6 – 7 October 2011

Ist Arenberg Conference for History: Dynastic Identity

back to the overview

Dynastic Identity in early modern Europe: The dynamics of aristocratic identity formation in comparative perspective. Actors, Motives and Strategies.

The conference’s theme ‘Dynastic identity in Early Modern Europe.  The dynamics of aristocratic identity formation’ is especially dear to the Arenberg Foundation, because identities are very much present in today’s discourses.  Too often they are seen as seemingly unchangeable safe havens in a constantly changing environment, and not enough as the immensely dynamic concepts that they truly are. - Leopold d'Arenberg

Few doubts can persist today on the existence of specific dynastic identities of Europe’s great families. The self-definition of these aristocrats focussed on claims of eternity and universality (as Thomas DaCosta Kaufmann recently defined it). Aristocrats developed a sense of lineage and continuity between past, present and future generations. So far, these identities have been studied mostly for ruling dynasties. However, exclusive identities were not just a prerogative of the “great dynasties” - as for instance the Habsburgs - they were carefully cultivated and promoted by noble houses throughout Europe.

These last few years, discussions on identity have dominated popular and scientific discourse alike. Definitions on identity are abundant, whether on national, ethnic or collective or other grounds. This conference will be concerned with identities relevant to families. Identities are rarely static or unchanging, and often influenced by a multitude of factors. It is not another definition of identity we seek, but rather an insight into the development of identity formation in the Europe of the Ancien Regime. This will allow us to reconstruct the worldview and motives of the most powerful individuals and families in early modern societies.

Early Modern aristocratic families were a dominant force in political, religious and cultural life throughout the early modern period. This conference aimed to reconstruct the worldview and motives of the most powerful individuals and families in early modern societies by focussing on their dynastic identities. 

During this conference speakers from all over Europe shedded light on the dynastic identities of aristocrats from Ireland to Bohemia and from Sweden to Italy.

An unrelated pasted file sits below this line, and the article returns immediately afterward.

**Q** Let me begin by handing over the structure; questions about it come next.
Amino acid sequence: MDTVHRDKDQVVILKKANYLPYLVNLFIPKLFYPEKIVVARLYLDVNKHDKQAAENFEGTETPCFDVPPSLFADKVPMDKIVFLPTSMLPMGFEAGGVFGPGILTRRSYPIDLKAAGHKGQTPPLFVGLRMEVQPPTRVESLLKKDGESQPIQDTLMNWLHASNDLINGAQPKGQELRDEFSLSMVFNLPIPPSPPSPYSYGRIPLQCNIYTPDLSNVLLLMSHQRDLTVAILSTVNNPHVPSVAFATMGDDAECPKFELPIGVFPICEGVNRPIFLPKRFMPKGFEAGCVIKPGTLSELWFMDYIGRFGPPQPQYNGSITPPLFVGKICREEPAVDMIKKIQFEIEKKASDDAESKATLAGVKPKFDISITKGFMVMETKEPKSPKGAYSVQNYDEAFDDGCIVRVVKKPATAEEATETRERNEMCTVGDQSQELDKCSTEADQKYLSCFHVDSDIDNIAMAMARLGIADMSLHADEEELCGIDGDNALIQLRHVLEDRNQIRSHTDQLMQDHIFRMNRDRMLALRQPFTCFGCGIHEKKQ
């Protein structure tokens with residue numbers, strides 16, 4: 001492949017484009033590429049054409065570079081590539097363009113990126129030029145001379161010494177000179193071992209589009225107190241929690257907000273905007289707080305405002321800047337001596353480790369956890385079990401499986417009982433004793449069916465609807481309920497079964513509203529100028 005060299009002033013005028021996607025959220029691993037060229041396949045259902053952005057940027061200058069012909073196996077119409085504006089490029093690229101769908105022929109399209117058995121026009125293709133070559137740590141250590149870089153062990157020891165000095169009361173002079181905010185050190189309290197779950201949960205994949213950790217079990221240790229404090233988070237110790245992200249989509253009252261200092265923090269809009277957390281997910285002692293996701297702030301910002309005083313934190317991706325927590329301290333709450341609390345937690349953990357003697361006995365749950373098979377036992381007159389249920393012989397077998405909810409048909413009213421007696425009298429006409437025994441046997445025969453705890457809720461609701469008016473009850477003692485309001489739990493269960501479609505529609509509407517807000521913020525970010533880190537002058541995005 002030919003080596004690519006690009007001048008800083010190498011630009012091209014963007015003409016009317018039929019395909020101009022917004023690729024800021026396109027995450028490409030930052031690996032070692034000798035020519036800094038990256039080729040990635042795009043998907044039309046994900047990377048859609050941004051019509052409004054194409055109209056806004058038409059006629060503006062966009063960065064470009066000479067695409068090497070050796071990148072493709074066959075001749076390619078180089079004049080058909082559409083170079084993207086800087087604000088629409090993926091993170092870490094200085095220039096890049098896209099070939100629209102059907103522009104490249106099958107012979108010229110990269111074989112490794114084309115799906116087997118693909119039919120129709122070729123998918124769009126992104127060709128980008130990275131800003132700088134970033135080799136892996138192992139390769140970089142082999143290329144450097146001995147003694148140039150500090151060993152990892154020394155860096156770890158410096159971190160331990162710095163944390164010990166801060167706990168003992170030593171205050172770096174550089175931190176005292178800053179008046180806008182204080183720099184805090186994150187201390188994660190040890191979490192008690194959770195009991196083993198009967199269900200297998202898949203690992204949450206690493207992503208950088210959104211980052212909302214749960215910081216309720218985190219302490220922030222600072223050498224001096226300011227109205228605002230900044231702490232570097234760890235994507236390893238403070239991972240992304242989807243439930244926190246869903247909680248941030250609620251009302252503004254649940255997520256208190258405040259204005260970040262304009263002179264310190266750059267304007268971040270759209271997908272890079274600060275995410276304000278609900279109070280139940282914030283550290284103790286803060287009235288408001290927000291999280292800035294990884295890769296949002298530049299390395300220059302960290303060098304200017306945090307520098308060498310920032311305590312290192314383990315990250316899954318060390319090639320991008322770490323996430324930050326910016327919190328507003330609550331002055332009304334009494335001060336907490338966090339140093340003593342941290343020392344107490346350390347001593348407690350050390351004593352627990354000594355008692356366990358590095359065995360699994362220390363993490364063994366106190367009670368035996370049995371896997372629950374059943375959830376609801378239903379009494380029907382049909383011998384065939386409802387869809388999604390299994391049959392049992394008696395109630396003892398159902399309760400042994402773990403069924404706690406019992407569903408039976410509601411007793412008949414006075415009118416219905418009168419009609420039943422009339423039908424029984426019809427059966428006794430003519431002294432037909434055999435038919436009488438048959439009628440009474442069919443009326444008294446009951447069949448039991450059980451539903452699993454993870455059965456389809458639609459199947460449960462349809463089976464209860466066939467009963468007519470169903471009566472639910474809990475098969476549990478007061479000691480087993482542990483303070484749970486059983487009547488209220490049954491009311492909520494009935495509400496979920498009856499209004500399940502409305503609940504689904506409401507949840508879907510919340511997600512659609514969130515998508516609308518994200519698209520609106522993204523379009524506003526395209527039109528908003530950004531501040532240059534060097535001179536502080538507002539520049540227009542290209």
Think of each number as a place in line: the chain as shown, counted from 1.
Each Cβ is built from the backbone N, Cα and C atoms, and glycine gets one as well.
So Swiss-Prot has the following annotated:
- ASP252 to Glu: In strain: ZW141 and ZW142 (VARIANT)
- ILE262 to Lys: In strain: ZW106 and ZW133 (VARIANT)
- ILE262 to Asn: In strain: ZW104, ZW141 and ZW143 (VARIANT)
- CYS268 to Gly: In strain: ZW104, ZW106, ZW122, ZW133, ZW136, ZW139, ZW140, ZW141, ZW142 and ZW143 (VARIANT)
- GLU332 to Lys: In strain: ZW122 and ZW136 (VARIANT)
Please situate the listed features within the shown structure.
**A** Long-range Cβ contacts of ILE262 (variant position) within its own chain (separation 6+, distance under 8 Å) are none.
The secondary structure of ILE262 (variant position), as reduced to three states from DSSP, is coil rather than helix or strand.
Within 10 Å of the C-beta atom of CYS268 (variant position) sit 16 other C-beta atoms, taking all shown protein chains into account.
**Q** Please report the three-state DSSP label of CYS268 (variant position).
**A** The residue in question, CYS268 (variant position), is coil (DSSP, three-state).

Keynote speakers are Prof. dr. Ronald Asch, Prof.dr. Jane Ohlmeyer, Prof. dr. Bernardo Garcia-Gracia and Prof. dr. Jeroen Duindam. 

Organised by Mirella Marini (VU University Amsterdam) and Liesbeth Geevers (Utrecht University).

6-7 October 2011

Thursday October 6 2011 (Day 1) 

Keynote lecture: Prof. Dr. Jane Ohlmeyer: Aristocratic Identity Formation in seventeenth-century Ireland

  • Mirella Marini: From Arenberg to Aarschot: female inheritance and the disputed “merger” of two aristocratic identities
  • Sebastiaan Derks: In Alessandro's Shadow. The House of Farnese and the Politics of History
  • Liesbeth Geevers: The Nassau Orphans: the disputed legacy of William of Orange (1584-1625)
  • Jonathan Spangler: Mademoiselle de Guise’s Will and the Transferability of Dynastic Identity
  • Fabian Persson: Creating Swedish Aristocrats: the De La Gardies and the Brahes
  • Keynote lecture: Prof. Dr. Jeroen Duindam: Dynastic legitimacy: rulers and elites in Europe and Asia

Friday October 7 2011 (Day 2):

  • Prof. Dr. Bernardo Garcia-Garcia: The Glory of the Duke. Restoration and Greatness of the Sandoval Family
  • Violet Soen: The Croÿs at the Parlement de Paris: Noble Identity Formation between the Low Countries and France (1520-1580)
  • Petr Mat’a: False Orsini from beyond the Alps. Negotiating aristocratic identity between Bohemia, Croatia, Carniola and Carinthia
  • Keynote lecture: Prof. Dr. Ronald Asch: The Newcomer’s Dilemma: Henry IV of France and James I of England and their nobilities

Prof. Dr. Hamish Scott: Aristocracy, Nobility and the Sense of Dynasty